London Irish became the third rugby team to be thrown out of the Gallagher Premiership in eight months after the Rugby Football Union (RFU) said the club had failed to pay their players and prove they had a financially viable future by Tuesday's deadline.
London Irish filed for administration after the club's suspension from the Premiership was confirmed.
The club had been given a week's extension to show evidence of a proposed takeover by an American consortium or that they had the finance in place under current owner Mick Crossan to continue through the 2023-24 season.
However, they failed to do so or to fully pay their players and staff by Tuesday's 3 P.M. deadline and the RFU duly announced that the club would not be able to participate in any league next season.
The RFU said in a statement: "The decision was taken after six months of talks to take over the club failed to materialise and to provide certainty to staff and players, thereby allowing them to seek alternative employment. The move also provides clarity to other clubs in the league and prevents a situation where the club goes into administration part way through a season."
"The RFU, Premiership Rugby and the RPA (Rugby Players Association) have been in regular dialogue with the club to support the takeover and provide regular updates to players and staff.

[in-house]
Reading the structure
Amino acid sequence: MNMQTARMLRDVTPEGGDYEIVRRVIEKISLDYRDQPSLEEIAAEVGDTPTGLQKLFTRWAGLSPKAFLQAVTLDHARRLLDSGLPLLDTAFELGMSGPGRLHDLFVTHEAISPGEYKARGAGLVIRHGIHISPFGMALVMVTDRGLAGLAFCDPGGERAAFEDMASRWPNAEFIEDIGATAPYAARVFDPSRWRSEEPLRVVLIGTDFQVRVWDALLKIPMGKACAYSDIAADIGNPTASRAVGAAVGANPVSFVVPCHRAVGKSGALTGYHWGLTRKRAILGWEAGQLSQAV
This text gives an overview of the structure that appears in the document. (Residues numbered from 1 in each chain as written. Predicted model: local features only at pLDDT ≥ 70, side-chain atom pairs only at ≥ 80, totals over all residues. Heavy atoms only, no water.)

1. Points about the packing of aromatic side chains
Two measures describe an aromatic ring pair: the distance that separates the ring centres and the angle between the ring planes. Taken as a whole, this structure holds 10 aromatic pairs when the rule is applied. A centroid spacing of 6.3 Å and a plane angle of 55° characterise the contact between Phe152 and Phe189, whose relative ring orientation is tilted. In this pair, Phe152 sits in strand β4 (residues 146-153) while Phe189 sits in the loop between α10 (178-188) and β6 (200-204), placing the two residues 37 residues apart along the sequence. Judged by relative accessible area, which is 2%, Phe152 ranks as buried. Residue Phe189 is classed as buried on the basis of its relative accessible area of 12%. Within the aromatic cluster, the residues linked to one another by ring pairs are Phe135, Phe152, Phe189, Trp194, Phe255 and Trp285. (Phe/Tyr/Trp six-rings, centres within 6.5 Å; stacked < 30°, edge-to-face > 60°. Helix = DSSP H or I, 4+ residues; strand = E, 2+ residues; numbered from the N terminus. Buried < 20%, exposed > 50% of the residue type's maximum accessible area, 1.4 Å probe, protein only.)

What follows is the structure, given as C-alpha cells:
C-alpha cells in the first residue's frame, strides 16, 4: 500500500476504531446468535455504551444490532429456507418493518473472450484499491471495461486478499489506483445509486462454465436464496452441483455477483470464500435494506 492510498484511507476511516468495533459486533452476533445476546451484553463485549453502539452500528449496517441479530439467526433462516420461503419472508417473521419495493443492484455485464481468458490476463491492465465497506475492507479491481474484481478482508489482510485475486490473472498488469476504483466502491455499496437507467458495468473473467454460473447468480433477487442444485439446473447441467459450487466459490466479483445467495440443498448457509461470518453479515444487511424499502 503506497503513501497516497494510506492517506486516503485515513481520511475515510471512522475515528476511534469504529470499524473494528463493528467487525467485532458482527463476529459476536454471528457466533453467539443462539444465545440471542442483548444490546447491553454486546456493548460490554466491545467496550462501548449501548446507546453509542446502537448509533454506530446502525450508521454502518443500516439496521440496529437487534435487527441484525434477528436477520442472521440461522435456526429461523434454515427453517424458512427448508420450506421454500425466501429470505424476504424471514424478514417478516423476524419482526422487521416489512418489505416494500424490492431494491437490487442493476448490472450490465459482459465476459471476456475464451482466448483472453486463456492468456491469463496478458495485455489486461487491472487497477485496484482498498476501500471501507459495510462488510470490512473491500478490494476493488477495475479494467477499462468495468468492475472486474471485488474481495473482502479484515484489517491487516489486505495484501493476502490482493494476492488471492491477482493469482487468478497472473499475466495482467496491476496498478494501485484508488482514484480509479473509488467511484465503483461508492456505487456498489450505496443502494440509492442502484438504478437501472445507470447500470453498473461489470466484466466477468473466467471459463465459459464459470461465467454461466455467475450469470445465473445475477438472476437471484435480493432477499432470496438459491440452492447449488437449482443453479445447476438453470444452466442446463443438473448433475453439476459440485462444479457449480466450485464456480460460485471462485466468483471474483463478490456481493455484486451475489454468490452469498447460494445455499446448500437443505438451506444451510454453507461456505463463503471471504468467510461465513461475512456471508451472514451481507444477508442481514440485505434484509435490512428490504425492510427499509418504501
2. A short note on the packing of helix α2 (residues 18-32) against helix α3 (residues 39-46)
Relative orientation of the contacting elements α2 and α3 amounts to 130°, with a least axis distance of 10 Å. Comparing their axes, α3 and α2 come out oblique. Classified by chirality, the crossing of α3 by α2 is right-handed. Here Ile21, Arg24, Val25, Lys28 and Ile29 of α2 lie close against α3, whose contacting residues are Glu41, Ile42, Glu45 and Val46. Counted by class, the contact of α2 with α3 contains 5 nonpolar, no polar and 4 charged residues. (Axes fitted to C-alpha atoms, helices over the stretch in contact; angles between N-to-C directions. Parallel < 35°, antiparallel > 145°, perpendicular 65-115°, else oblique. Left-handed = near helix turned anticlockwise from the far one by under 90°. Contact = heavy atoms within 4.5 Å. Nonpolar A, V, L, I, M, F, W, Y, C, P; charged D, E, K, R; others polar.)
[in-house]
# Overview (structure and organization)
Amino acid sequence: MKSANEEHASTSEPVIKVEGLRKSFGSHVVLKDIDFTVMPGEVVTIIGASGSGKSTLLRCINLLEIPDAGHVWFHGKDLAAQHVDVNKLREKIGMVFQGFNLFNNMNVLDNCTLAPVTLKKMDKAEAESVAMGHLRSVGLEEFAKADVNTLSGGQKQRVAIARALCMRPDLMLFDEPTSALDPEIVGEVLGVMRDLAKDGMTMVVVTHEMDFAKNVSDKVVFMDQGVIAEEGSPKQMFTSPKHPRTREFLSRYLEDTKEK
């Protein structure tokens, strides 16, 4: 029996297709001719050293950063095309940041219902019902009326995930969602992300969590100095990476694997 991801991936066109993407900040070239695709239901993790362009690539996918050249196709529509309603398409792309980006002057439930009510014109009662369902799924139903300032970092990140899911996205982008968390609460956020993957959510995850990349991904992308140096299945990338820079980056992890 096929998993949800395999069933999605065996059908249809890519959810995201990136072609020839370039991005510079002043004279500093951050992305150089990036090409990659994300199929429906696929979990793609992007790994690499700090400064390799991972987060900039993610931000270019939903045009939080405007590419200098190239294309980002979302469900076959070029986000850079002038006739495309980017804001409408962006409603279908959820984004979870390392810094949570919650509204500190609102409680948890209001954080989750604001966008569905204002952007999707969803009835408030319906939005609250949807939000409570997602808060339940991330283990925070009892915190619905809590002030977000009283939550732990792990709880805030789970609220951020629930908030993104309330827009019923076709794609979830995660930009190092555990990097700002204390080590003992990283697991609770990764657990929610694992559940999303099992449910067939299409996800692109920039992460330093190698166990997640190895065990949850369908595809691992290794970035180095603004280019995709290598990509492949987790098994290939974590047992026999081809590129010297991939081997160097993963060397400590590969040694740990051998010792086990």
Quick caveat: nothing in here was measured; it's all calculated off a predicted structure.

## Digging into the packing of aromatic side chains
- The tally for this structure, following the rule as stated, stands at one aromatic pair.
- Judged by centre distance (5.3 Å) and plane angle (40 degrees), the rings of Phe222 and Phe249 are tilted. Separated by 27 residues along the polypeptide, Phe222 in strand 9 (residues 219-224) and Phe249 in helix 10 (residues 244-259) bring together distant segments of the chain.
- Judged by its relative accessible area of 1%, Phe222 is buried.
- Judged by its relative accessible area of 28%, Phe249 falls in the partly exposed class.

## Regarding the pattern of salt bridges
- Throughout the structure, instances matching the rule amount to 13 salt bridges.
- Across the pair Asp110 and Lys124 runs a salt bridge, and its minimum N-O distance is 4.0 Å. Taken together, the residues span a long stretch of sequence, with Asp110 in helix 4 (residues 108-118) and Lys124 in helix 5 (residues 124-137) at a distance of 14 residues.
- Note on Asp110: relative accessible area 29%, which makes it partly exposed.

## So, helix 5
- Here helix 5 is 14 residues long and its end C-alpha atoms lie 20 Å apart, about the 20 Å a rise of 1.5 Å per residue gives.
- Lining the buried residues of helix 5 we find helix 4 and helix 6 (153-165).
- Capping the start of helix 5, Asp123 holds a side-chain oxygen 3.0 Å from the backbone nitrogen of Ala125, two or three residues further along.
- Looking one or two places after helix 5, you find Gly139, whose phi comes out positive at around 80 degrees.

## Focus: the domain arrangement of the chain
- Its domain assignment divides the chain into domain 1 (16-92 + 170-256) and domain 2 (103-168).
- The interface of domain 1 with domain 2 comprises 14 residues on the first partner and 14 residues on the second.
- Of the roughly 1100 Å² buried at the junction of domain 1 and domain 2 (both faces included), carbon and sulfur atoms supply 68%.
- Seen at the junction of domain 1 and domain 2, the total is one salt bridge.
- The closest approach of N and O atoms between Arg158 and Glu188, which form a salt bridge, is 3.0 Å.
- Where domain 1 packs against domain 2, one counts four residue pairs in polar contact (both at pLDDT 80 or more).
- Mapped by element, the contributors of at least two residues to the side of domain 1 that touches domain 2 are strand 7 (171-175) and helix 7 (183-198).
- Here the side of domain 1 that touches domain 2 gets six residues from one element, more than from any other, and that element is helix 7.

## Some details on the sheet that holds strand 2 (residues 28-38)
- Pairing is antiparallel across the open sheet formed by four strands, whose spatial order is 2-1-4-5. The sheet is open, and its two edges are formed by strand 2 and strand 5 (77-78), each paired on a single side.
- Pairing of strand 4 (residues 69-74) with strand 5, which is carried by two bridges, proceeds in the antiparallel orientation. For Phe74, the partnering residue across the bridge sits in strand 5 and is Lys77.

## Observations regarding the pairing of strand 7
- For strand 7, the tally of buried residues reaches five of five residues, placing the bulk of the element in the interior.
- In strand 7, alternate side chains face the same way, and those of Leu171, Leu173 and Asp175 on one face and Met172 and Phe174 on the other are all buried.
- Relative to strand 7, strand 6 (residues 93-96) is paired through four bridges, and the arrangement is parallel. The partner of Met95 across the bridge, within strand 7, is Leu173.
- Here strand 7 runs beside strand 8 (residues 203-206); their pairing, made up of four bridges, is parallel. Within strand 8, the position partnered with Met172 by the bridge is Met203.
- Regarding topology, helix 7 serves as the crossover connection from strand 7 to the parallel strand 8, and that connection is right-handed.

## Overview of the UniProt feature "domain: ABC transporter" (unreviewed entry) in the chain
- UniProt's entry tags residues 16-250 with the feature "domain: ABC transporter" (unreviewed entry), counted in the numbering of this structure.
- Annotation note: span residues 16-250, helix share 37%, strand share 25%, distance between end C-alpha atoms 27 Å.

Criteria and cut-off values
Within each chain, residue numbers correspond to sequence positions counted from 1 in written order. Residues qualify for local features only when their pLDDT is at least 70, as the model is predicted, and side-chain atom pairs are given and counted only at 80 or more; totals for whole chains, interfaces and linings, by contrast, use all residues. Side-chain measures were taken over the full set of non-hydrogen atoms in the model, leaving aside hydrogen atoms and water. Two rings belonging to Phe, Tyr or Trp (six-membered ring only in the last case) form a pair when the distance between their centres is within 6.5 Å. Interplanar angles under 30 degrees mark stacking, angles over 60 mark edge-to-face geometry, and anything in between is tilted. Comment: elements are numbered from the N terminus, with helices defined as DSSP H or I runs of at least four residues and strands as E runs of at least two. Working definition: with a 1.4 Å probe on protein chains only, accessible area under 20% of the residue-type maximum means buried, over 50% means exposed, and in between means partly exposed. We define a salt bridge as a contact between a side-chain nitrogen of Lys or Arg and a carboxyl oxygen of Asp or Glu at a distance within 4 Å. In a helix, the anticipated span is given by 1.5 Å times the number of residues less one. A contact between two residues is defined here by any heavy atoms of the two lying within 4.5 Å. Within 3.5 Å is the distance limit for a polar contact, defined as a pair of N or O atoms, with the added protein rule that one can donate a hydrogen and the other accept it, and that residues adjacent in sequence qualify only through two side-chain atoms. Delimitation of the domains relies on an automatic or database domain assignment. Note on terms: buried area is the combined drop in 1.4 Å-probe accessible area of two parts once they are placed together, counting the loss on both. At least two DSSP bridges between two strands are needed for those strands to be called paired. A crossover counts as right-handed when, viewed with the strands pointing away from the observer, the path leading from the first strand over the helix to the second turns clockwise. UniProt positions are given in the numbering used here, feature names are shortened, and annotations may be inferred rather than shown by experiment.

"Today the three organisations have announced they have launched a hardship fund for players and staff who are most in need of financial support. The fund will also be available to those in need following the Wasps and Worcester insolvencies."
The RFU's club financial viability group had agreed to the extension at the request of players and staff, who were paid only half of their May salary last week.
Last Friday the club were served three winding up petitions by the Government's tax authority HMRC, following the path of Wasps and Worcester, who went into administration late last year.
Irish finished fifth last season, their best placing since 2009, but their demise has again exposed the financial struggles afflicting the professional game in England where limited TV and ticketing income struggles to support huge playing squads.
Irish have been ground sharing with Premier League football club Brentford in west London and have reported debts of around £30 million.
RFU CEO Bill Sweeney said: "This is desperately sad news for everyone who is part of the London Irish community as well as all the players, fans, staff and volunteers for whom this club means so much.
"Our collective first priority has been to do the utmost to secure the long-term viability of the club and the protection of its players and staff."
The RFU said it would also ensure that the professional club's youth academy would continue.